If it wasn't 0o degrees out, I'd suggest taking the amp outside and tap a 12 V car battery. If it's still noisy, then the chip's switching is inducing noise into the module. If not, I suspect the system would be quiet with both the amp and the face-plate connected to the car battery.

              I would like the amp tested on the PS with a known low impedance source - headphone output from a phone or laptop (on batteries). If still noisy, it's the amp's high gain susceptible to the PS noise. And shorted inputs would determine the basic noise floor for the module.


              Side Note: Tom I didn't mean to steer you to 2.1 amps. I just happen to have those two units on hand to do the PS tests in my previous post.
              Last edited by Millstonemike; 01-07-2018, 01:23 PM.

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              • #52
                I finally got to mess with this a little more this morning. I've been pretty sick for a few weeks, plus I had a small surgery a few days ago...I just haven't felt like doing anything that required me to use my brain.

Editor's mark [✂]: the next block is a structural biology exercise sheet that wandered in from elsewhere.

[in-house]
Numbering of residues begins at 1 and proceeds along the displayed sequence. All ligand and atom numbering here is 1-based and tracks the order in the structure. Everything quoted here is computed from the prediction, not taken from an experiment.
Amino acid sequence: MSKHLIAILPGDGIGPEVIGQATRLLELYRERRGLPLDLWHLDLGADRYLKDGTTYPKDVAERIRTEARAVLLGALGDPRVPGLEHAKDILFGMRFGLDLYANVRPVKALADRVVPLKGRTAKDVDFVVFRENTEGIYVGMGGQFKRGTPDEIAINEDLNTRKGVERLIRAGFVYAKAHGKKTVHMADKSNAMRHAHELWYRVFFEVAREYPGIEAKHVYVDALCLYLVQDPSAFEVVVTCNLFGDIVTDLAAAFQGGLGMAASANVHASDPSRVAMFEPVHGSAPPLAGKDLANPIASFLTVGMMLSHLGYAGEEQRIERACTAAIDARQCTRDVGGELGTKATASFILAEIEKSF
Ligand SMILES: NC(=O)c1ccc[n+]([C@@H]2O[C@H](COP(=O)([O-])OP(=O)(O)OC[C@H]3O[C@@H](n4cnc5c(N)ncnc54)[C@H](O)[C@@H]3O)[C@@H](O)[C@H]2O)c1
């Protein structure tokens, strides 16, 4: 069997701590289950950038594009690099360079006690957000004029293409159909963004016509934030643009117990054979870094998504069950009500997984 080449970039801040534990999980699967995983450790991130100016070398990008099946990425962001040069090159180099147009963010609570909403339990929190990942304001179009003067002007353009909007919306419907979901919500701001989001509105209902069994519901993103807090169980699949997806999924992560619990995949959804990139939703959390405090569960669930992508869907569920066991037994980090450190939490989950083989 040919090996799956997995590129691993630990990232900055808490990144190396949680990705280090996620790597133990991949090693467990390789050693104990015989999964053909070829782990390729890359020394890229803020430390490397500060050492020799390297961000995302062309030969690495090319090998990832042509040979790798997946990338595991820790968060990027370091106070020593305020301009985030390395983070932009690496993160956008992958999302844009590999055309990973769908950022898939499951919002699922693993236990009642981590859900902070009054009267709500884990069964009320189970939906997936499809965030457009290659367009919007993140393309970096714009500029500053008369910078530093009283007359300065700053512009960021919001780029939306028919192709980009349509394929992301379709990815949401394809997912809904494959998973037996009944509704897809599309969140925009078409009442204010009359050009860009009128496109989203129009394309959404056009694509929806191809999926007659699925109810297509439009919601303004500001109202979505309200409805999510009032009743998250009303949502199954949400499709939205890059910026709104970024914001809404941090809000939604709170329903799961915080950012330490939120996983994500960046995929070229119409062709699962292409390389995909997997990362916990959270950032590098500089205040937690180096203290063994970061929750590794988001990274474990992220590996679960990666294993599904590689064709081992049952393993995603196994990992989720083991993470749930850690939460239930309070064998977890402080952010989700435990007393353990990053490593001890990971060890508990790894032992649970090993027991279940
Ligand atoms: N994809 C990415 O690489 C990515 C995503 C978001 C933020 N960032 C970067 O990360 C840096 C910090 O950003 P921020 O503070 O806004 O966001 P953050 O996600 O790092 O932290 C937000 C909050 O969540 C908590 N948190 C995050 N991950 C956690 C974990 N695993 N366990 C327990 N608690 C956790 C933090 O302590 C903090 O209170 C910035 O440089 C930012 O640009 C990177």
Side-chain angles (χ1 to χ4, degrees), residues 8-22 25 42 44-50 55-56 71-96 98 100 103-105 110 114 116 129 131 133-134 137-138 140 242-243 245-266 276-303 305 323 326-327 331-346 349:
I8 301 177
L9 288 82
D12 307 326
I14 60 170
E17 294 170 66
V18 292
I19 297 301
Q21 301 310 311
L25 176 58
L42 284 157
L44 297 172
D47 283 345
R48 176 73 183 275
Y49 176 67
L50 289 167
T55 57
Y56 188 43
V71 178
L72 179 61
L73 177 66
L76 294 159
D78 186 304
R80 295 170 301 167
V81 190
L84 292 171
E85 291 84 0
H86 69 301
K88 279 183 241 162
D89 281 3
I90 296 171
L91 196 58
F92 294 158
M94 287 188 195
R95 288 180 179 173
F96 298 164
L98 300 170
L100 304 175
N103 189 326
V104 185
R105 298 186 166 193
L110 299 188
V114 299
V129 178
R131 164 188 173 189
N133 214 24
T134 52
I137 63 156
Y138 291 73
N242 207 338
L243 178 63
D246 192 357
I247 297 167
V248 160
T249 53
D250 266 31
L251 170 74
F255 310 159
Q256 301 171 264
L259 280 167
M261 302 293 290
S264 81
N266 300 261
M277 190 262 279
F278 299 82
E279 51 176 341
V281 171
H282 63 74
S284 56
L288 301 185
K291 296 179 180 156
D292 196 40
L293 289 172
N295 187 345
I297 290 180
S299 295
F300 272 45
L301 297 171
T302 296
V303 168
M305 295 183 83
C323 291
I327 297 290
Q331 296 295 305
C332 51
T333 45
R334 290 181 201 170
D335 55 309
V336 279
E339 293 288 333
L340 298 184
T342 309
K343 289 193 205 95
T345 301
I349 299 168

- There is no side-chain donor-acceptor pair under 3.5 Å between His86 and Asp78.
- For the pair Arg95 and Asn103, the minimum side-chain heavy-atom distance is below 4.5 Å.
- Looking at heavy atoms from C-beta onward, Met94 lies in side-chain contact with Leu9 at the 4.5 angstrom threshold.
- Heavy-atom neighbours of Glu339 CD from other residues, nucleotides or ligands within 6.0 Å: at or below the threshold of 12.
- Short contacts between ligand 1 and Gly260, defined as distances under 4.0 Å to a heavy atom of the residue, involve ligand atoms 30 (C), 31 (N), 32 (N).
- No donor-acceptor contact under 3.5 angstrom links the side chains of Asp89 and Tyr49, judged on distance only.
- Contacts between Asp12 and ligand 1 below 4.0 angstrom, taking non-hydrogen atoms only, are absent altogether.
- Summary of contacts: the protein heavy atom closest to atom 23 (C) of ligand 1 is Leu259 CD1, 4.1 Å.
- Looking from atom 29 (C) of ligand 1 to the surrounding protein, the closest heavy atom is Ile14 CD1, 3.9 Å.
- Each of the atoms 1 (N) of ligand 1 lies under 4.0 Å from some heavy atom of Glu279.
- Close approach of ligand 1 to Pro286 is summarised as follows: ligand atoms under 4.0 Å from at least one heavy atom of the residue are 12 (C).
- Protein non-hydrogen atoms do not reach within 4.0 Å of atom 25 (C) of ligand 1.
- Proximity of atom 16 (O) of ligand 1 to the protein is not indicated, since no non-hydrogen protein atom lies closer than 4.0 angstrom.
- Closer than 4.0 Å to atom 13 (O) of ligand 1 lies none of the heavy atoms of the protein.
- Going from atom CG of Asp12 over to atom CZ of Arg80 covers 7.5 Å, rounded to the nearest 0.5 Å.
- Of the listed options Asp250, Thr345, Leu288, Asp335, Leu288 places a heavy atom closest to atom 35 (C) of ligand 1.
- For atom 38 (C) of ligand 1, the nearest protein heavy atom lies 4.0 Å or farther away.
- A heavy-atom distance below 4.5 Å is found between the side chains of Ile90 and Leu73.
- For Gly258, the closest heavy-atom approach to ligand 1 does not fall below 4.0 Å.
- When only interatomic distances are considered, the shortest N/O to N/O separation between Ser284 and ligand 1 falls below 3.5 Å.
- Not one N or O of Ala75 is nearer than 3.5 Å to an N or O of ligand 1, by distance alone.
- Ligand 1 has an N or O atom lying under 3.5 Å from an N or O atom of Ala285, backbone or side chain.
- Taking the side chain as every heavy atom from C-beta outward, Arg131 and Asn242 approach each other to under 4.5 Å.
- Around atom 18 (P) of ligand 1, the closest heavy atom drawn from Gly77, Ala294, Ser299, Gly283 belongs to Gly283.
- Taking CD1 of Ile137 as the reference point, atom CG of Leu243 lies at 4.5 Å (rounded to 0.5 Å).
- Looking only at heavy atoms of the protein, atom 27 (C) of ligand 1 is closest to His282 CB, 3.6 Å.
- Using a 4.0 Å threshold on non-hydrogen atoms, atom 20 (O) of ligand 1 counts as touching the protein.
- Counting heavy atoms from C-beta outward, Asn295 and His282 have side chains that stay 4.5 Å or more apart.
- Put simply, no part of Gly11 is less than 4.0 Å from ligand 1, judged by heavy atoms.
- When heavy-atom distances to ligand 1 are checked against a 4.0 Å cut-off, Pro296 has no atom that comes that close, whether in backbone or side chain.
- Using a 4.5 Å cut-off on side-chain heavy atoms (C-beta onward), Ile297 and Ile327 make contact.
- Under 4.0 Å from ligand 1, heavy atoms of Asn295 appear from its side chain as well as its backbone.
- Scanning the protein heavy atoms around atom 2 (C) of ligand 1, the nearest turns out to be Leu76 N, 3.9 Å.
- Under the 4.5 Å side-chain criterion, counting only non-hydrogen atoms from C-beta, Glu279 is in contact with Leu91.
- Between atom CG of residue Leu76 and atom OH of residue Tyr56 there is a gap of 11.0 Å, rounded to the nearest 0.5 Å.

The isolated DC-DC convertor seems to have done the trick. I took power right from the amp board went to the isolated convertor, and out to the faceplate/preamp. It was quiet as could be. I tried it on the newer Tripath amp with three different power supplies -- all silent, I also tried it with the original 50 watt per channel amp with a few different ones, and that setup was quiet too.

                Also, I put the wireless thermometer on the isolated convertor after a few minutes of play time, and it was hardly any warmer than ambient with the bluetooth working on the faceplate... nice! I never knew they even existed; it pays to have smart friends.

                Of course, this stuff all worked on the bench. Shoving everything into the confines of the radio could change that I suppose, but I'm hopeful that this will fix the issue. I tried this first as I had the parts to do it and it was pretty easy to do. Those little Isolated DC-DC converters are like $9 or something, but if it really ends up working, I don't mind the few extra bucks. I plan to try Mikes suggestion to connect a lower impedance input, such as my laptop on battery just to see what that does to the process.